According to the American Diabetes Association, more than 16 million Americans have diabetes–the 5th leading cause of death in the United States. Diabetes is a chronic disorder characterized by elevated fasting (overnight) serum glucose (blood sugar) levels, and is essentially caused by the body's inability to produce sufficient insulin–a hormone that allows glucose in the blood to enter cells–and/or by the resistance of cells to the action of insulin. Thus, glucose remains circulating in the bloodstream–a condition which, in some cases, can be fatal if left untreated.
Type I (juvenile-onset) diabetes, also known as insulin-dependent diabetes mellitus (IDDM), requires insulin use to regulate blood glucose. Type I diabetes is associated with the destruction of insulin-producing beta-cells of the pancreas, and the body's inability to produce enough insulin to regulate blood glucose. With Type II (adult-onset) diabetes, the body has become resistant to insulin–the body produces insulin but is unable to use it efficiently. This results in hyperglycemia (high blood glucose) which, over time, can damage the eyes, kidneys, nerves and heart. About 92% of American diabetics are Type II, most of whom are middle-aged and overweight–obesity, sedentary lifestyle, and a diet high in refined carbohydrates are the primary risk factors for Type II diabetes. Fortunately, most cases of Type II diabetes can be controlled by diet alone, thus it is also known as non-insulin-dependent diabetes mellitus (NIDDM).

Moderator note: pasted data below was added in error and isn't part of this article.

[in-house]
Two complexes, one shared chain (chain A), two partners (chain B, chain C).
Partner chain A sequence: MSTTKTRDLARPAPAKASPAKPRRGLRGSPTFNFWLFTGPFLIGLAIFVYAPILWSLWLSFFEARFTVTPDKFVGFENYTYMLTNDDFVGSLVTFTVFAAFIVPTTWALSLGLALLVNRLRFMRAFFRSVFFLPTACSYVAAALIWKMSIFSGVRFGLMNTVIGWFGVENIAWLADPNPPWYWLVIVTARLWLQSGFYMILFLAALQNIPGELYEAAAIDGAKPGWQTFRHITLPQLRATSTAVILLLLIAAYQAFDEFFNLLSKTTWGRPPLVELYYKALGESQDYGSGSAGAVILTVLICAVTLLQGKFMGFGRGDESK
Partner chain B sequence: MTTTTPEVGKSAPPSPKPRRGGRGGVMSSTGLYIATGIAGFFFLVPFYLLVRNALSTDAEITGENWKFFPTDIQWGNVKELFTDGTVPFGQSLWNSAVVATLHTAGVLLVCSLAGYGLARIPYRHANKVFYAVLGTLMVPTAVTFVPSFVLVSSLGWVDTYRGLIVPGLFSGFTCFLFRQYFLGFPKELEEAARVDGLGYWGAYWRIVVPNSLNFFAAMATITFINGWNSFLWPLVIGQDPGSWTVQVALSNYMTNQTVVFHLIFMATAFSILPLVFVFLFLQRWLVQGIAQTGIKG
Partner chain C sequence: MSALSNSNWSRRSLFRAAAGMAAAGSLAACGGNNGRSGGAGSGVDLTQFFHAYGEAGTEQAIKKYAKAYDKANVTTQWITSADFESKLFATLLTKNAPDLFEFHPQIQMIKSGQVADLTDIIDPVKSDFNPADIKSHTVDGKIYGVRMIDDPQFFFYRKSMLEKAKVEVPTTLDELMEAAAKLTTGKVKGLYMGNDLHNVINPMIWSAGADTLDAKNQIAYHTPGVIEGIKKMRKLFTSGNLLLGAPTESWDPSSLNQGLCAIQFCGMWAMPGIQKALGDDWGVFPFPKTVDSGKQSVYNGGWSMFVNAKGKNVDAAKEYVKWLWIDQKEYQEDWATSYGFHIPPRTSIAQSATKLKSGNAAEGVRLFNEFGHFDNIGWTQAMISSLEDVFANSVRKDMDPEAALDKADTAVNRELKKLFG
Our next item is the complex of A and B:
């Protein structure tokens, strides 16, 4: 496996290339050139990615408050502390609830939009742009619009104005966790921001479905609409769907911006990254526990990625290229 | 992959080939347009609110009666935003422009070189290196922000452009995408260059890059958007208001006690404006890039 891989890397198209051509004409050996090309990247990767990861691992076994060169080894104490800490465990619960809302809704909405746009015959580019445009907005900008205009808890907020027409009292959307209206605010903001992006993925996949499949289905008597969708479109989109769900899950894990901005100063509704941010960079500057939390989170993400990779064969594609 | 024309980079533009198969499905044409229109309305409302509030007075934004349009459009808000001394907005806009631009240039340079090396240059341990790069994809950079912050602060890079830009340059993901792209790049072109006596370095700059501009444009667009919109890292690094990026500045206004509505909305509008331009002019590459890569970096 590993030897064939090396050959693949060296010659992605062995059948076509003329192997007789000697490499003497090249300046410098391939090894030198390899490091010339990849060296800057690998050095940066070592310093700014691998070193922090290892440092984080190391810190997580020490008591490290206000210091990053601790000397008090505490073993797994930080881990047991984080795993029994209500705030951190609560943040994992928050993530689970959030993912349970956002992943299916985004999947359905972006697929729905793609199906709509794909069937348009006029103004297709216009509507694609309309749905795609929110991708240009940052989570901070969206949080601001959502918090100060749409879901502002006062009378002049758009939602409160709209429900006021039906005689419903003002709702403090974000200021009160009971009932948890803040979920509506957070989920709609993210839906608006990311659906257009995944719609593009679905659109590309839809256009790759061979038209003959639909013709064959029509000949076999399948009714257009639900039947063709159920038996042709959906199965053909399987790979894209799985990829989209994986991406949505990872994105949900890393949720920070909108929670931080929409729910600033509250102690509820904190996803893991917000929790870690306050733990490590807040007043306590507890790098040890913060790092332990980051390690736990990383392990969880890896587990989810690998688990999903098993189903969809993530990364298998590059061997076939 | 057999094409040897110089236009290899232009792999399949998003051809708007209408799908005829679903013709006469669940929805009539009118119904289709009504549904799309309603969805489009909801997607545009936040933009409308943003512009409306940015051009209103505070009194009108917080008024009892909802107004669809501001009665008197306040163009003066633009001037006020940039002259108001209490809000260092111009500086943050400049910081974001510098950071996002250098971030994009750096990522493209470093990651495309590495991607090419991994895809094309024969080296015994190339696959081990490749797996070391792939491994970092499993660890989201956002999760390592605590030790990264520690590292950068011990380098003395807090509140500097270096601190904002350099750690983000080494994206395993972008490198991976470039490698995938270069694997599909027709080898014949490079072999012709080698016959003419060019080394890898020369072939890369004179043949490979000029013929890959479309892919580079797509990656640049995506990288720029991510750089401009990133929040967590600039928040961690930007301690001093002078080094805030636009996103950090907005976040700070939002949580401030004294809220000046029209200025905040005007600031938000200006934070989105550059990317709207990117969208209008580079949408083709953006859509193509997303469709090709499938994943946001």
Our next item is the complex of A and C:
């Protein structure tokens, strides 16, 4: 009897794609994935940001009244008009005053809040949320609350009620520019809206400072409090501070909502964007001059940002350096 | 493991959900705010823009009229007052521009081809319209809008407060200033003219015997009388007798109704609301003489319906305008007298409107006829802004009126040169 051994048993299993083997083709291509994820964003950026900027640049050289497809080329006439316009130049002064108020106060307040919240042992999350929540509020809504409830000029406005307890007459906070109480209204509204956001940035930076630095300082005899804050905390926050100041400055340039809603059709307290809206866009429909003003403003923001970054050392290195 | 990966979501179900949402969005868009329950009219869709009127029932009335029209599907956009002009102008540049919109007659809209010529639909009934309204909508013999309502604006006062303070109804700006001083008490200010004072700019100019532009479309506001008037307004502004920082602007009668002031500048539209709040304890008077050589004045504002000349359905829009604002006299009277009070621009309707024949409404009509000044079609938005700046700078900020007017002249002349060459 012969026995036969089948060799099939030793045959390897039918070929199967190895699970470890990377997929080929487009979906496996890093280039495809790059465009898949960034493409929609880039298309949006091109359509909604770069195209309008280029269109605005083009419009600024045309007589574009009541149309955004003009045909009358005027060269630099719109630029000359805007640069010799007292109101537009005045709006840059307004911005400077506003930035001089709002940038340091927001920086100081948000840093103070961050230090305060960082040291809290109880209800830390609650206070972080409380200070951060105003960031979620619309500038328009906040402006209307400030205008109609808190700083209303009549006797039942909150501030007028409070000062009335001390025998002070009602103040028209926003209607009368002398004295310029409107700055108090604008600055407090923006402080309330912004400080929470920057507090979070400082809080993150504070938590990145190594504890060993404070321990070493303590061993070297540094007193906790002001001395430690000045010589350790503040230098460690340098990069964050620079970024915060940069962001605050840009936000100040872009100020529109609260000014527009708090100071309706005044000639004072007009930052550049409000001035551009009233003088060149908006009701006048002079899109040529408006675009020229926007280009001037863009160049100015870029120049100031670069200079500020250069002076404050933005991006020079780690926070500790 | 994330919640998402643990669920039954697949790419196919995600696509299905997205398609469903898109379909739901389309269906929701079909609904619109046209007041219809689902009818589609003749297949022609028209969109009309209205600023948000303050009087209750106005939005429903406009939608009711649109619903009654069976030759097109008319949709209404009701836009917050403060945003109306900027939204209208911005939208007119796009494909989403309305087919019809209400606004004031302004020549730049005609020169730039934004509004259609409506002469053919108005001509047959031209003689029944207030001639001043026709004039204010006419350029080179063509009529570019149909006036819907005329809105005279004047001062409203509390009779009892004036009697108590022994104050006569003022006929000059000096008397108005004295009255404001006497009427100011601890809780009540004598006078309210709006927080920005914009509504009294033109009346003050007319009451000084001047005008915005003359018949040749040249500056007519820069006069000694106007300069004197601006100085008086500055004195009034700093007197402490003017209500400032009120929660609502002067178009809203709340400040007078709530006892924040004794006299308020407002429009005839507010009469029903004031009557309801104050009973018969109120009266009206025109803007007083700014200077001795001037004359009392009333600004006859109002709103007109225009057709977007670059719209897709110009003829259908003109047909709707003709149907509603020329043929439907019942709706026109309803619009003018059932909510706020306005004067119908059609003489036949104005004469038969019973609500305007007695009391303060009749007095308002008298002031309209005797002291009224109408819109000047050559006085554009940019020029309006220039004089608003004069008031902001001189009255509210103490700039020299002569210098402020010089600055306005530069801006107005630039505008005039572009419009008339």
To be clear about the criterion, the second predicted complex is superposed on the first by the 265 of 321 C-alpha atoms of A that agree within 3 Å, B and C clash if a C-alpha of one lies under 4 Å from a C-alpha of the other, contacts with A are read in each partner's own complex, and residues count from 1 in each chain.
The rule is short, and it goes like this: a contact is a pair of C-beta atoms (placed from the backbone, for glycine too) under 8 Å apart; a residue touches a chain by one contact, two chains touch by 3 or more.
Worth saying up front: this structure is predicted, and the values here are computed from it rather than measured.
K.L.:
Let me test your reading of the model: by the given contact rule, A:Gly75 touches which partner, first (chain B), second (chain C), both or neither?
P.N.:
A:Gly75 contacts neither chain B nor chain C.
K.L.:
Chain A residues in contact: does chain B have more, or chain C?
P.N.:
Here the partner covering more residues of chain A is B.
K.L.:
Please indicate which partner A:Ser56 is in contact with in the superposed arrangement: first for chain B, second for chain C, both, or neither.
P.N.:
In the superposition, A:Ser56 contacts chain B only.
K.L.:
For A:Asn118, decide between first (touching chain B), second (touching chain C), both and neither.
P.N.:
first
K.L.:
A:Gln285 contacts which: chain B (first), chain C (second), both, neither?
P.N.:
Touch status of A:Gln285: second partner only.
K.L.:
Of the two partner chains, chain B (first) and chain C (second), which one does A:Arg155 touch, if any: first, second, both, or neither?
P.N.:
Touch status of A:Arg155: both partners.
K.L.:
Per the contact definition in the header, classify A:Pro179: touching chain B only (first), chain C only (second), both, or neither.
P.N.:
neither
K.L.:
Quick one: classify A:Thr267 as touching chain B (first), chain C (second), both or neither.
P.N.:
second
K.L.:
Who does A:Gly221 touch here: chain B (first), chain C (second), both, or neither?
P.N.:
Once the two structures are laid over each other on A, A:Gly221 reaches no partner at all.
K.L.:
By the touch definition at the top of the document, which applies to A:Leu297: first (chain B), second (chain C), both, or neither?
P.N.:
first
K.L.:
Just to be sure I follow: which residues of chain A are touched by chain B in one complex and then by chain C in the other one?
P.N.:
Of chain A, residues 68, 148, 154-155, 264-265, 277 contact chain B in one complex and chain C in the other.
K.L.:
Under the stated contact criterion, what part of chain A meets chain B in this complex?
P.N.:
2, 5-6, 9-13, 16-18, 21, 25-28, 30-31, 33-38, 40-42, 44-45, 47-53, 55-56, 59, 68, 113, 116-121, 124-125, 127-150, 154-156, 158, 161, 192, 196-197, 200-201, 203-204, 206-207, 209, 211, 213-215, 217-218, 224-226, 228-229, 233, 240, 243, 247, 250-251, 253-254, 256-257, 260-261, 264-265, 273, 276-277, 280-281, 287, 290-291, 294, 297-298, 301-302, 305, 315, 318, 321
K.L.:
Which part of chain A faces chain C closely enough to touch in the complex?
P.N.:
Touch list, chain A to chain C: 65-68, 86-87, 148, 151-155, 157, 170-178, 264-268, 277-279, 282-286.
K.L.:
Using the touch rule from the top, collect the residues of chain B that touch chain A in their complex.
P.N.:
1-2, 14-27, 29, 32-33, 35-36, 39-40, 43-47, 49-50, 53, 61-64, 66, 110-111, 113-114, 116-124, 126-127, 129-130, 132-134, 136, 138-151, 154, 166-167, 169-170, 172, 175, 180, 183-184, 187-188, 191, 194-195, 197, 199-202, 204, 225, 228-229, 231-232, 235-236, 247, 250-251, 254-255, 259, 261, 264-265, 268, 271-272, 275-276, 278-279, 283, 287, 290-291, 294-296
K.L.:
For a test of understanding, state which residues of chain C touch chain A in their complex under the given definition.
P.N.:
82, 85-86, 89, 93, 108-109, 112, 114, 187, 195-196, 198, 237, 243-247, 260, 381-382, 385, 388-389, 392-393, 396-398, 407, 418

Many herbs and natural substances can be helpful in maintaining normal blood sugar levels, I have outlined a few of these below:
Nopal leaves (Opuntia streptacantha) are well known throughout Latin America for their apparent hypoglycemic (reduce blood glucose) effects. A 1991 study of 14 Type II diabetics showed nopal significantly reduced serum glucose by up to 40.8 mg/dL less than initial values, 3 hours after intake. A similar study with 8 Type II diabetics again found nopal significantly decreased serum glucose by 41-46% less than the values at the start of the 6-hour test. Additional studies with Type II diabetics have further confirmed nopal's hypoglycemic effects. In fact, 1 study found nopal had a hypoglycemic effect in healthy individuals with induced hyperglycemia, causing glucose levels to rise significantly less with nopal than with the control.
Fenugreek seeds (Trigonella foenum-graecum) have demonstrated significant antidiabetic effects in both experimental and clinical studies. Fenugreek has been shown to help reduce blood glucose levels and improve glucose tolerance in both Type I and Type II diabetics, as well as lower elevated cholesterol and triglyceride levels. A study of Type I diabetics showed fenugreek significantly reduced fasting glucose levels by 30% and decreased 24-hour urinary glucose excretion by 54%. Serum total cholesterol, LDL and VLDL (very low-density lipoproteins) cholesterol, as well as triglycerides were also significantly reduced. In a 3-month placebo-controlled study of patients with mild Type II diabetes, fenugreek significantly reduced both fasting and postprandial (after-eating) glucose levels. Furthermore, in a study of 60 Type II diabetics (none of whom were taking cholesterol-lowering medication), fenugreek significantly changed cholesterol levels after just 4 weeks. By the end of the 24-week study, total mean cholesterol had decreased by 14%, triglycerides decreased by as much as 17%, and LDL and VLDL cholesterol decreased by as much as 23%. Also, HDL cholesterol improved by 10%.